Induced hyperammonemia alters neuropsychology, brain MR spectroscopy and magnetization transfer in cirrhosis

S. Balata, S. Olde Damink, K. Ferguson, I. Marshall, P.C. Hayes, N.E.P. Deutz, R. Williams, J. Wardlaw, R.A. Jalan*

*Corresponding author for this work

Research output: Contribution to journalArticleAcademicpeer-review

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Hyperammonemia is a universal finding after gastrointestinal hemorrhage in cirrhosis. We administered an oral amino acid solution mimicking the hemoglobin molecule to examine neuropsychological changes, brain glutamine levels, and brain magnetization transfer ratio (MTR). Forty-eight metabolically stable patients with cirrhosis and no evidence of "overt" hepatic encephalopathy (HE) were randomized to receive 75 g of amino acid solution or placebo; measurements were performed before and 4 hours after administration. Neuropsychological tests included the Trails B Test, Digit Symbol Substitution Test, memory subtest of the Randt battery, and reaction time. Plasma was collected for ammonia and amino acid measurements, and brain metabolism was studied using proton magnetic resonance (MR) spectroscopy in the first 16 randomized patients. In 7 other patients, MTR was measured. A significant increase in ammonia levels was observed in the amino acid group (amino acid group, 76 +/- 7.3 to 121 +/- 6.4 micromol/L; placebo, 83 +/- 3.3 to 78 +/- 2.9 micromol/L; P <.001). Neuropsychological function improved significantly in the placebo group, but no significant change in neuropsychological function was observed in the amino acid group. Brain glutamate/glutamine (Glx)/creatine (Cr) ratio increased significantly in the amino acid group. MTR decreased significantly from 30 +/-2.9 to 23 +/- 4 (P <.01) after administration of the amino acid solution. In conclusion, an improvement in neuropsychological test results followed placebo, which was not observed in patients administered the amino acid solution. Induced hyperammonemia resulted in an increase in brain Glx/Cr ratio and a decrease in MTR, which may indicate an increase in brain water as the operative mechanism.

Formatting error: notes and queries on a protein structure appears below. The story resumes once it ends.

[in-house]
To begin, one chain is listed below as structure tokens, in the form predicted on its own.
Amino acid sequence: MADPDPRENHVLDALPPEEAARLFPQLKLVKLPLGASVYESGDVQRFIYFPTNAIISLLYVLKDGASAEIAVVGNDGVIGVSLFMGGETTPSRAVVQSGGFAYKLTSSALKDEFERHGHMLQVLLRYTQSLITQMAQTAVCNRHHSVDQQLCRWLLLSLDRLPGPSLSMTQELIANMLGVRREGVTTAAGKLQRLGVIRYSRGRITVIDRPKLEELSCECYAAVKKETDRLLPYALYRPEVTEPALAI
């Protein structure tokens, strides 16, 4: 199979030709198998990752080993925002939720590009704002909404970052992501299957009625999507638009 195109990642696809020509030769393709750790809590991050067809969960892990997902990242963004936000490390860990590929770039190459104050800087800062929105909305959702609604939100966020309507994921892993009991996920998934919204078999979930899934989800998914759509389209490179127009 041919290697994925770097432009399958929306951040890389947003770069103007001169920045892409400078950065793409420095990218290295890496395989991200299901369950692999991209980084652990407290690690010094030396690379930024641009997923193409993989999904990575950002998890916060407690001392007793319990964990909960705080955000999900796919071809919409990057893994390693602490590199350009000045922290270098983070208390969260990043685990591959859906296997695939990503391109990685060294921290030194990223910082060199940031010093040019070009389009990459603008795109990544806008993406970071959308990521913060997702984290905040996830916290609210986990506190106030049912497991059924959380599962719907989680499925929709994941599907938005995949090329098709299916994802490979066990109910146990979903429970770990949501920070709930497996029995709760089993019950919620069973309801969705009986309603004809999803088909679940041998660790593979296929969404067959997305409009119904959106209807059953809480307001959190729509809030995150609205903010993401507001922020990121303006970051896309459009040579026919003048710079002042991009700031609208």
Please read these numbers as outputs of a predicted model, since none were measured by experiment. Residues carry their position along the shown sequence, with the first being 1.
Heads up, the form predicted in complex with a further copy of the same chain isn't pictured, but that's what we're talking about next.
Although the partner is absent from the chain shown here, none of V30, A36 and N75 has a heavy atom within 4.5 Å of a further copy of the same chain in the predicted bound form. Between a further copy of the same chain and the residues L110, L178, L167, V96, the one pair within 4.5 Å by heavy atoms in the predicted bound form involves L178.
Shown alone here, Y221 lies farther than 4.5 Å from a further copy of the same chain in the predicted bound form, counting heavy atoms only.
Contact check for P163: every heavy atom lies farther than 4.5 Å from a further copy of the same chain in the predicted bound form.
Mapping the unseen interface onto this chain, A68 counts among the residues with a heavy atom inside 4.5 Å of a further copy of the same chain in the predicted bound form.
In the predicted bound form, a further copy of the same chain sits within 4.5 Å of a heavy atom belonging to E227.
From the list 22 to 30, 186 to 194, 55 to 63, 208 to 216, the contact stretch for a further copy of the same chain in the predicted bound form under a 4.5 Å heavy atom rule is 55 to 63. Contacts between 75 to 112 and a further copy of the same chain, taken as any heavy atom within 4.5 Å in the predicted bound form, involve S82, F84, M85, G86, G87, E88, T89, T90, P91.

Original languageEnglish
Pages (from-to)931-939
Number of pages9
Issue number4
Publication statusPublished - 1 Jan 2003

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